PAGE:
(formerly IRIN News) Journalism from the heart of crises

Comprehensive census of Afghans under way

[Pakistan] An Afghan family at the Kachi Garhi refugee camp in Peshawar.
David Swanson/IRIN

The Pakistani government and the office of the United Nations High Commissioner for Refugees (UNHCR) have announced that they will undertake a census of all Afghans who are living in the country by the end of February. It will be the most comprehensive survey of its kind and provide vital information to allow Islamabad to formulate long term policy on Afghan refugees and economic migrants residing in the country.

The UN High Commissioner for Refugees, Ruud Lubbers, announced on Tuesday in the Pakistani capital, Islamabad, that the census would help in developing policies for those Afghans who chose to remain in Pakistan after the expiry of the tripartite agreement for voluntary repatriation in March 2006. "It'll give us a total overview of all the Afghans here," he said.

Currently no reliable information exists on the status and number of Afghans living in Pakistan. Many Afghans in the country are not categorised as refugees as Pakistan plays host to hundreds of thousands of Afghan economic migrants, as well as those who fled more than two decades of conflict.

The preliminary phase of the census - identifying concentrations of Afghans outside refugee camps - is already under way across the country, "while the actual census would be carried out in the second half of February, which will be completed in approximately 10 days", a UNHCR spokesman, Jack Redden, told IRIN in the capital.

It will be mandatory for all Afghans to take part in the survey. "Any Afghan who doesn't participate and cannot provide a compelling explanation will be treated according to relevant Pakistani laws," said the UNHCR official. At least a million Afghan refugees still live in a series of camps, mainly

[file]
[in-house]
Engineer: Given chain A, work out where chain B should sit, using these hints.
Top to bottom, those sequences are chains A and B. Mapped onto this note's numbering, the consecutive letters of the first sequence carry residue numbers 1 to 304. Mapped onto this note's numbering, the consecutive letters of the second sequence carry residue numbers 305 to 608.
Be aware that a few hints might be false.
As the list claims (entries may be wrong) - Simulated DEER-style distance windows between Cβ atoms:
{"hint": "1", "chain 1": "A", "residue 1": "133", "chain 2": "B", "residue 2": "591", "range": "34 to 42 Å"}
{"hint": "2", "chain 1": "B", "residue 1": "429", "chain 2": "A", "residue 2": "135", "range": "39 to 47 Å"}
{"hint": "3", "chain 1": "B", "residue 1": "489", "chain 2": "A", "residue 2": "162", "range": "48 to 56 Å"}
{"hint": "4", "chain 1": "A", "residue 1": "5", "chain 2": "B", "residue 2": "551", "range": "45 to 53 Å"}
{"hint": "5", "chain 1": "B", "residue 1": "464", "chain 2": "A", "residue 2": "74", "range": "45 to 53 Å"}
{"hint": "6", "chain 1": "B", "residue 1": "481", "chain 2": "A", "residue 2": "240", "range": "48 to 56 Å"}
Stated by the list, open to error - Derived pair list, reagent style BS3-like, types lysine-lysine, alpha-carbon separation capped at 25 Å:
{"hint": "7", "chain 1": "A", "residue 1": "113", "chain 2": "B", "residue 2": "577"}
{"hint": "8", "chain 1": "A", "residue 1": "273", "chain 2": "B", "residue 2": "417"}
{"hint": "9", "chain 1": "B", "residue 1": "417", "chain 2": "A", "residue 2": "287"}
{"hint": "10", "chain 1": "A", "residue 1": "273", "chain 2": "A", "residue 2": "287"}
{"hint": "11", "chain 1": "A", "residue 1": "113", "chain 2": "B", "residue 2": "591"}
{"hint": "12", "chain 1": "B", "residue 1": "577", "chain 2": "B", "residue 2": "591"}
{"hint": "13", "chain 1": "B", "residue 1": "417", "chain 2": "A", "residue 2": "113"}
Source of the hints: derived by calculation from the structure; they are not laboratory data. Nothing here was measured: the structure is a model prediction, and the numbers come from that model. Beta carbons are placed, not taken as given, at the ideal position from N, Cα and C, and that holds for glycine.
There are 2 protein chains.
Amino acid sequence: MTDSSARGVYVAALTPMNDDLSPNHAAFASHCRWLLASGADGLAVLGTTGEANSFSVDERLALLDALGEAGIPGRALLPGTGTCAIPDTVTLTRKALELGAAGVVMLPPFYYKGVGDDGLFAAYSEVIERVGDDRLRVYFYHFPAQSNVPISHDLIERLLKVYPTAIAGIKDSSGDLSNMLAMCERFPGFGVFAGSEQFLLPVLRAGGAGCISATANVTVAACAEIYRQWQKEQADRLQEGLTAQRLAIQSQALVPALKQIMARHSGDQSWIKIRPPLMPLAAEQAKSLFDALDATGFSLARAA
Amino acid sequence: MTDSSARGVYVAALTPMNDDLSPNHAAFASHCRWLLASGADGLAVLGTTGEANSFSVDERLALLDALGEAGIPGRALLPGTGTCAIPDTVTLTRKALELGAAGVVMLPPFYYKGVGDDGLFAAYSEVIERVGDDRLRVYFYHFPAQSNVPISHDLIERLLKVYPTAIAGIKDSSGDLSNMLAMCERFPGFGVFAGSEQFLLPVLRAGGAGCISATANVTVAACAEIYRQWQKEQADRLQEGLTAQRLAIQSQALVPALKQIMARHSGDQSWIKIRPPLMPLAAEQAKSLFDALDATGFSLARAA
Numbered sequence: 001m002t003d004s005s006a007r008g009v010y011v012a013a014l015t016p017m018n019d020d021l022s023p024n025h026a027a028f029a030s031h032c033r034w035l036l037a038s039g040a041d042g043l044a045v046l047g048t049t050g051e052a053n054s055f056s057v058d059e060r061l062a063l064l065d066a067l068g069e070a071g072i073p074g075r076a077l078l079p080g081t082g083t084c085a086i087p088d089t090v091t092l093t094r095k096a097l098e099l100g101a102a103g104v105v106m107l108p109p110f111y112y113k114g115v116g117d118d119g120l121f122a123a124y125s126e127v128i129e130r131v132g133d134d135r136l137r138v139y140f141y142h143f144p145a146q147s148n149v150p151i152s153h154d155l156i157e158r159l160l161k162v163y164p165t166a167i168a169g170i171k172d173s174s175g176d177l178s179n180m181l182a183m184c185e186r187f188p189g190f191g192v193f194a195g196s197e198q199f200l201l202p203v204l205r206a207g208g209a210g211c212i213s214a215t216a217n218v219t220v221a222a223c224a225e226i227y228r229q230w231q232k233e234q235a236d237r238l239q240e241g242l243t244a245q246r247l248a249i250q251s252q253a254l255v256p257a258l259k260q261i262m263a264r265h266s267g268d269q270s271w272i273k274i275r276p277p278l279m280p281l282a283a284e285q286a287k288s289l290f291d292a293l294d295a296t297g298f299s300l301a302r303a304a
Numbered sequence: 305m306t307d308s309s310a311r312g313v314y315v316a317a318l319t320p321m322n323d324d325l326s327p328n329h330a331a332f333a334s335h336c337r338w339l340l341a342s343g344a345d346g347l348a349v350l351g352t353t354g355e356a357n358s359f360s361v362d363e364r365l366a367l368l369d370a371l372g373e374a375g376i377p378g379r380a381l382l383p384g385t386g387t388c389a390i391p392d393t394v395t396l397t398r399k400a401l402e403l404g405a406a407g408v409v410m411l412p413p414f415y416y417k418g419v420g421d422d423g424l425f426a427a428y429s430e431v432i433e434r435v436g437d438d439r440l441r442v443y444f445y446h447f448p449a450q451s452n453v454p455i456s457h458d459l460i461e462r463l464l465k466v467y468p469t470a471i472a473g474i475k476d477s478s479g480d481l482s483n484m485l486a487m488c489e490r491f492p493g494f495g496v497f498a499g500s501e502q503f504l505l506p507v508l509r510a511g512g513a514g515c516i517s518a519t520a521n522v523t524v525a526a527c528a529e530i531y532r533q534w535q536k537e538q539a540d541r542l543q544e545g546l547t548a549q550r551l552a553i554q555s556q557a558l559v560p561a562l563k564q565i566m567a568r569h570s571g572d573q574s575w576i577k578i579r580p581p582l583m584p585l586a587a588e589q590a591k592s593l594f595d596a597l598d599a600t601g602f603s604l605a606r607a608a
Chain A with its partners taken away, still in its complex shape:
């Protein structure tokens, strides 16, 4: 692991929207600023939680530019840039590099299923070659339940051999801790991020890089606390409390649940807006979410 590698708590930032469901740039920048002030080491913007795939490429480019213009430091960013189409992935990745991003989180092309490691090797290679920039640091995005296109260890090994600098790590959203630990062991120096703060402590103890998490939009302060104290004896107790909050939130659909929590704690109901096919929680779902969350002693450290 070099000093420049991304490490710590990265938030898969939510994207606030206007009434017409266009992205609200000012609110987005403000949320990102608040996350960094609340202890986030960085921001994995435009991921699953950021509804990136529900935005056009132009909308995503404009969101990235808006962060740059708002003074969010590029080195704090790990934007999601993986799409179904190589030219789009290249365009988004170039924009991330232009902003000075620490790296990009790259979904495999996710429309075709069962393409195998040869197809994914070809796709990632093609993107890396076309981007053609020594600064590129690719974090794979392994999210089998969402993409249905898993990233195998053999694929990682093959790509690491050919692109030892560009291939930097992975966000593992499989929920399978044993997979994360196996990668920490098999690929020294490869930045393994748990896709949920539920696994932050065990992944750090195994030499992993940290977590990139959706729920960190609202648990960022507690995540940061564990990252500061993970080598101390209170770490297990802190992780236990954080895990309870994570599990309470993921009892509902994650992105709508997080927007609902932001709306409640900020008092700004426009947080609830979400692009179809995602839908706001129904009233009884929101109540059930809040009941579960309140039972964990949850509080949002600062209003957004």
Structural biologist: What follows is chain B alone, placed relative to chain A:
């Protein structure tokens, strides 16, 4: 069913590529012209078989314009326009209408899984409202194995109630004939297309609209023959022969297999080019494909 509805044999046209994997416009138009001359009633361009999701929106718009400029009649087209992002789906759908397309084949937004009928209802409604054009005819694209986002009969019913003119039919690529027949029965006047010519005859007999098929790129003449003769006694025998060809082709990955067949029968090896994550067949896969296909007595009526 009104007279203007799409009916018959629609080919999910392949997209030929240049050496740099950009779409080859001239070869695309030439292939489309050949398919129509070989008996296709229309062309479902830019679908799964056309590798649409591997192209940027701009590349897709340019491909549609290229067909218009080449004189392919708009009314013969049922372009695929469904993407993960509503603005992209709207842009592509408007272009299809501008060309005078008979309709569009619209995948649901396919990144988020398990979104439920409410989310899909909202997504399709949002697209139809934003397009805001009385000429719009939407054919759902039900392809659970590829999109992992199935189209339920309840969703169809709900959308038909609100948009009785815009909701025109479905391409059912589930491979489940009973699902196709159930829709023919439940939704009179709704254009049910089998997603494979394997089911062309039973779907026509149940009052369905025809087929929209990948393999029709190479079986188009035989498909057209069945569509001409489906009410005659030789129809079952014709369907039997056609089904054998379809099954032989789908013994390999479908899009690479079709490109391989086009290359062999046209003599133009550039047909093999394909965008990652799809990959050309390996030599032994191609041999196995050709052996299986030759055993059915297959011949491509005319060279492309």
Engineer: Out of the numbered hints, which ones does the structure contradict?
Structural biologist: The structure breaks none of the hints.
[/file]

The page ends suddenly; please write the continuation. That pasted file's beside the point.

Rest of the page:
located in the North West Frontier Province (NWFP).

The Pakistan Census Organisation (PCO) will conduct house-to-house counting of Afghans, employing 2,000 staff. Each male/female team will conduct interviews with all Afghans at each address. "The teams will visit every area - including the tribal areas," said the Pakistani minister for refugee affairs, Sardar Yar Muhammad Rind.

"Once the census is completed, after looking over the results, we will decide about the registration phase later in the year," Redden said. Only those included in the census will be eligible to take part in the proposed registration, he added.

The census will record the gender, ethnicity, address and source of livelihood of each Afghan recorded. It will also note when the individual arrived here and whether or not they intend to return to Afghanistan by the end of the voluntary repatriation programme.

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